Scolitantides alexis aeruginosa: »Glaucopsyche alexis
Scolitantides baton: »Pseudophilotes baton
Scolitantides battoides: »Euphilotes battoides
Scolitantides lygdamus: »Glaucopsyche lygdamus
Scolitantides orion Pallas, 1771, syn battus Denis & Schiffermüller, 1775 [Lycaenidae]: a blue in Spain and S Europe across S Russia to Japan; also in S Scandinavia. The English name is due to the species' long, conspicuous chequered fringes.
"It is still to be taken … on sunny May days, with an icy wind, in the vineyards near Martigny whence it was reported almost a century ago" ("Butterflies of Europe", 1964).
*StrOps 333; NabBut 606 (BE); Lep1 30
& Ac: Scolitantídes oríon • En: Chequered Blue • Fr: l'argus brun • Ge: Fetthennenbläuling • Ru: голубянка Орион • Sp: banda anaranjada
Scolitantides piasus: »Glaucopsyche piasus
Scolitantides sylphis Draudt, 1921 [Lycaenidae]: a S American blue from Cuzco (Peru) which Nabokov says should be checked in its relation to »Nabokovia faga Dognin, 1895. Bálint & Johnson (1995) did and tentatively recognized it as Eldoradina sylphis.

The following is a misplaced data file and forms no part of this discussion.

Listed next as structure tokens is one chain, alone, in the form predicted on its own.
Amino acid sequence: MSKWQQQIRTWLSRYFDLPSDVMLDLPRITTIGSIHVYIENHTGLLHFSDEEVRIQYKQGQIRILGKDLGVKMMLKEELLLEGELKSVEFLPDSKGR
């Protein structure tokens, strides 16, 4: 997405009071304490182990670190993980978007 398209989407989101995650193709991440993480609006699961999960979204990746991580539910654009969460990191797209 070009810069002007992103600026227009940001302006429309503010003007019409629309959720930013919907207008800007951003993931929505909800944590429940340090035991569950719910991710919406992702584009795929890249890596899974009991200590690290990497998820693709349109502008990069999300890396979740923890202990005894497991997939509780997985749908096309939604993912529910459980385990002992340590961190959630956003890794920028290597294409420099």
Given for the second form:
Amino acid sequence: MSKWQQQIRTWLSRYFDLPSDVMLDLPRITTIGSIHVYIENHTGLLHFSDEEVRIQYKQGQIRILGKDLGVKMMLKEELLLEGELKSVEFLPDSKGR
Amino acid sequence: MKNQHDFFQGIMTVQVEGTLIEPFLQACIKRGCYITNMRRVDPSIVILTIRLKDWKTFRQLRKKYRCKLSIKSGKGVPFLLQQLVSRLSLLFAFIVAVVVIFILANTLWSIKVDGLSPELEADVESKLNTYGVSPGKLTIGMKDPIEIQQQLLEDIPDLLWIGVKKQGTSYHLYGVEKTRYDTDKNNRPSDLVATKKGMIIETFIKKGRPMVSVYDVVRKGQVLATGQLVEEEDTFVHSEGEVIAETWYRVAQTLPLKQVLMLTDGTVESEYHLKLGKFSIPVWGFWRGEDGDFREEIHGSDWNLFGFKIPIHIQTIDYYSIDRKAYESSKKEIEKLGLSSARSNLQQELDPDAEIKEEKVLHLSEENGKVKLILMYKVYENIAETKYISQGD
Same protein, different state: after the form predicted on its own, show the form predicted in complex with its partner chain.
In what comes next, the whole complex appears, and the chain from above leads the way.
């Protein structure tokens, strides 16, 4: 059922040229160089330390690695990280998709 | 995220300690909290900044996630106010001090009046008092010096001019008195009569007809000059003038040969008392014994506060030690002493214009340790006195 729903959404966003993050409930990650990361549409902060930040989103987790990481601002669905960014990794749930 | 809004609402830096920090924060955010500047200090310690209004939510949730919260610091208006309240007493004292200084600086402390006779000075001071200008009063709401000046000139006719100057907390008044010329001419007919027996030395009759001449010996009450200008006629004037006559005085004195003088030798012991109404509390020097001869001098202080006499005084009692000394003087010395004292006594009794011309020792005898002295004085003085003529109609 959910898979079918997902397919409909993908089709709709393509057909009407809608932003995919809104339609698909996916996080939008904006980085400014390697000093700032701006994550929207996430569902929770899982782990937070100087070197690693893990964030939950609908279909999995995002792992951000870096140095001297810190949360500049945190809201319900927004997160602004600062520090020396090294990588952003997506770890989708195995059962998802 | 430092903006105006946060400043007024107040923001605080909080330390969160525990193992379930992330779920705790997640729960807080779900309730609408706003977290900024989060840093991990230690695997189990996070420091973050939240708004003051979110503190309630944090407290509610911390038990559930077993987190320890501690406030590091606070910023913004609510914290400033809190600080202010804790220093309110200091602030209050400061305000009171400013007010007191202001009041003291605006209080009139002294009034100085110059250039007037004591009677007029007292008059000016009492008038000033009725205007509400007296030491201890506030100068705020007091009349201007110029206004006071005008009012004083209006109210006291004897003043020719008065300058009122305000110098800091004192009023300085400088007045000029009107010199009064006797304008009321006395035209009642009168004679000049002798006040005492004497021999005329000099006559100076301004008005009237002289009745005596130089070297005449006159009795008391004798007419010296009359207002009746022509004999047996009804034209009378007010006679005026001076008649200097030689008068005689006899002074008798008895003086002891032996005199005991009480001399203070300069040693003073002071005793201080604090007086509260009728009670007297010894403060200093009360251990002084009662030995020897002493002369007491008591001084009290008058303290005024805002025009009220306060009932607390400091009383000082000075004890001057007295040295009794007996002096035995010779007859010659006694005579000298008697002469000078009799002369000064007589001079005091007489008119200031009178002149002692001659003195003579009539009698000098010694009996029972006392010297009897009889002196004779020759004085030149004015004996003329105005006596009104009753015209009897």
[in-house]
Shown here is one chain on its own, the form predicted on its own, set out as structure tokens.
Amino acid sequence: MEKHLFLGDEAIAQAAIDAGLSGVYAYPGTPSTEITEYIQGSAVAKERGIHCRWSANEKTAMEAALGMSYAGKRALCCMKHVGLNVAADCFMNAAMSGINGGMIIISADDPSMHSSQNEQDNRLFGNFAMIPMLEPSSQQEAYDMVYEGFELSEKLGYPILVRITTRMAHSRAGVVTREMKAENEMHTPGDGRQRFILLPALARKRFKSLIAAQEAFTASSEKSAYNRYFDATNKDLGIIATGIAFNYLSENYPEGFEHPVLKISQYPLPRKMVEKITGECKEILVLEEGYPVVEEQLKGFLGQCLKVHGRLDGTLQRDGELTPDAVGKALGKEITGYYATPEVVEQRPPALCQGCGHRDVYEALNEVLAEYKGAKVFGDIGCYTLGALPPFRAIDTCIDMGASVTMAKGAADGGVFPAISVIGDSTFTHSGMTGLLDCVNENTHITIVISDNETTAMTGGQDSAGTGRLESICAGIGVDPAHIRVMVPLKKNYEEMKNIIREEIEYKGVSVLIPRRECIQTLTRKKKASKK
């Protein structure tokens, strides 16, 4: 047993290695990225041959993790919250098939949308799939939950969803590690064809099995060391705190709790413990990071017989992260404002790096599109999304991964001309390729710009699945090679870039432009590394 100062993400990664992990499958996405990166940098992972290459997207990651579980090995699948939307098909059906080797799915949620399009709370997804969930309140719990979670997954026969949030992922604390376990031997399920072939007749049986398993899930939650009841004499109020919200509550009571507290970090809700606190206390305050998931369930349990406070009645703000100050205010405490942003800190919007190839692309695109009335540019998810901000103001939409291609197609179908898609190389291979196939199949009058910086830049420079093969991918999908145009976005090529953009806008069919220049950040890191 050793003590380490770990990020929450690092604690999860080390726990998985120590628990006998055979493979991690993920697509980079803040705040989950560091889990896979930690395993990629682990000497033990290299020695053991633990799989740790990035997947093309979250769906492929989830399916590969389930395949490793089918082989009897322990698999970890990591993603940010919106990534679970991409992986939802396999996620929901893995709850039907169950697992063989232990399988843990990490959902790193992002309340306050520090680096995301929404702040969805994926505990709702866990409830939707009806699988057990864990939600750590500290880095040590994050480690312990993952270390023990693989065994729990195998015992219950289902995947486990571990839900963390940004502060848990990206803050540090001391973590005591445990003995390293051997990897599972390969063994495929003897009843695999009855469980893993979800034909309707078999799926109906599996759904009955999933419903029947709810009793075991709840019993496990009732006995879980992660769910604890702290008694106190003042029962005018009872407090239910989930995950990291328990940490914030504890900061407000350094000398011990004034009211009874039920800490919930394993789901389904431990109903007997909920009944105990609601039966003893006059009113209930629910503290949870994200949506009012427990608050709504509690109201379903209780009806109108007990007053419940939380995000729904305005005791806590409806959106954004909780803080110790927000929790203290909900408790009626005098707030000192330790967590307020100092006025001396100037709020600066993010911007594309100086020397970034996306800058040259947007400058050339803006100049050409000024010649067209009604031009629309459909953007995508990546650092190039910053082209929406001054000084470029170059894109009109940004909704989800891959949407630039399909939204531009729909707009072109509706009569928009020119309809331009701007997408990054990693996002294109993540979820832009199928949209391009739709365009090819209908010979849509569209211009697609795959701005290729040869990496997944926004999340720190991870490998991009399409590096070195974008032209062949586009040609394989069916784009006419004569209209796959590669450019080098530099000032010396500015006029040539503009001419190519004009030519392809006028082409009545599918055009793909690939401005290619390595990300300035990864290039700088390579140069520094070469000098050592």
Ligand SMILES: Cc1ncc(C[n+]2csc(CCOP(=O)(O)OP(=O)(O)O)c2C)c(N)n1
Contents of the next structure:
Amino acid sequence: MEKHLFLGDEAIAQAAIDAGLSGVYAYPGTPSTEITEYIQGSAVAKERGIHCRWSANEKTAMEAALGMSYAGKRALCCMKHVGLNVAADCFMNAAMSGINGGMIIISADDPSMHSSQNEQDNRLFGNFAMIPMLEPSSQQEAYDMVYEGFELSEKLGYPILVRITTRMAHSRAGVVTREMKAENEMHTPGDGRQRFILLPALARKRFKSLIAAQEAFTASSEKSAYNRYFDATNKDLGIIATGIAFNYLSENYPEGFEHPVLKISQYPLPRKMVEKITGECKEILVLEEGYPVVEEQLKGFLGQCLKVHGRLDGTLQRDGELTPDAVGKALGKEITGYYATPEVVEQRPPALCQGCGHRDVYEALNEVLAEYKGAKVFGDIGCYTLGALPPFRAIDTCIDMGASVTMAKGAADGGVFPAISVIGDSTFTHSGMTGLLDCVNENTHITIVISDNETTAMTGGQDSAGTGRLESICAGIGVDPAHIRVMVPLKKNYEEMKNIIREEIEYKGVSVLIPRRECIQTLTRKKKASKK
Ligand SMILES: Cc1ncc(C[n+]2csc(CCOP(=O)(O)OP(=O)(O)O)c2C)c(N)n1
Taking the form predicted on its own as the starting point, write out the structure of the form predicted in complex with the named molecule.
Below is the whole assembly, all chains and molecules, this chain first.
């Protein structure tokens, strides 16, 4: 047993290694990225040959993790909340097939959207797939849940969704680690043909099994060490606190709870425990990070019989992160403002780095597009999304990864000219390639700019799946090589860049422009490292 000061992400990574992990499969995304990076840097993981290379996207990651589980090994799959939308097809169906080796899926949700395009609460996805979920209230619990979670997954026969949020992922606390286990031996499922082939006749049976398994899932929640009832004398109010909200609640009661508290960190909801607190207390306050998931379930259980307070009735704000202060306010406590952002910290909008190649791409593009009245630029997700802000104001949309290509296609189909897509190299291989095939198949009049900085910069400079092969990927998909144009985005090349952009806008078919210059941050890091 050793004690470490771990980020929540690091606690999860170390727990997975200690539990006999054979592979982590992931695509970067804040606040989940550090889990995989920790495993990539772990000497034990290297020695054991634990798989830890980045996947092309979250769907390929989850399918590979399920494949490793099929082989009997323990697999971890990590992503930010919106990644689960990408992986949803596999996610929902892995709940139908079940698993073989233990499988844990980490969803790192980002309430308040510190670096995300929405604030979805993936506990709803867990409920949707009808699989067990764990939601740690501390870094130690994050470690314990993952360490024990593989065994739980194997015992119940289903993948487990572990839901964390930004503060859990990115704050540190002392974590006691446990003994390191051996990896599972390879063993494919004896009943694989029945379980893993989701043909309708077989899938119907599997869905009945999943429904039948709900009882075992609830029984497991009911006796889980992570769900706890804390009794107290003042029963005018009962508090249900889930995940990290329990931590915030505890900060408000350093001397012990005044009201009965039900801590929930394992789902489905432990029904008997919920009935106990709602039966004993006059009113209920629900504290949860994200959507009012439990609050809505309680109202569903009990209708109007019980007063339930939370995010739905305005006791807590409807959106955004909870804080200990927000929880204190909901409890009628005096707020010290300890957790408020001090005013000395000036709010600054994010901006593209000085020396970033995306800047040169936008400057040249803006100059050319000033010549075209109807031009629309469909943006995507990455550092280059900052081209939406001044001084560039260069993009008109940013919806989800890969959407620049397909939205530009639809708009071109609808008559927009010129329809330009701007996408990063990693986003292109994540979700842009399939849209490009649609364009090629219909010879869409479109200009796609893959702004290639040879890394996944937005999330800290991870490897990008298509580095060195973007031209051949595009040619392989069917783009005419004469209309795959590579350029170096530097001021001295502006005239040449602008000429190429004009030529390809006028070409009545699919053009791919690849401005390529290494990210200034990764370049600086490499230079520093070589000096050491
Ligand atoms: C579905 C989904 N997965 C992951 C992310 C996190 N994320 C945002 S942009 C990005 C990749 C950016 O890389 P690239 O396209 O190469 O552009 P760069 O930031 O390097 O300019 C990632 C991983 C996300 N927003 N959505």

scudderi doei Roe: »(Plebejus) scudderi doei Roe
Selene Fritillary: »Clossiana selene
Sesiidae Stephens, 1829 (ex Aegeriidae): a world-wide family of small to medium-sized day-flying moths with glasslike hindwings and narrow forewings, numbering around 1,000 species, many of them in S America. Typically they mimic specific species of wasps, bees, hornets, flies etc.
& Ac: Sesíidae • En: clearwing moths • Fr: sésies • Ge: Sesien, Glasflügler • It: sesiidi • Ru: стеклянницы • Sp: sésidos
Shargacucullia verbasci and its caterpillar (Lampert 1907)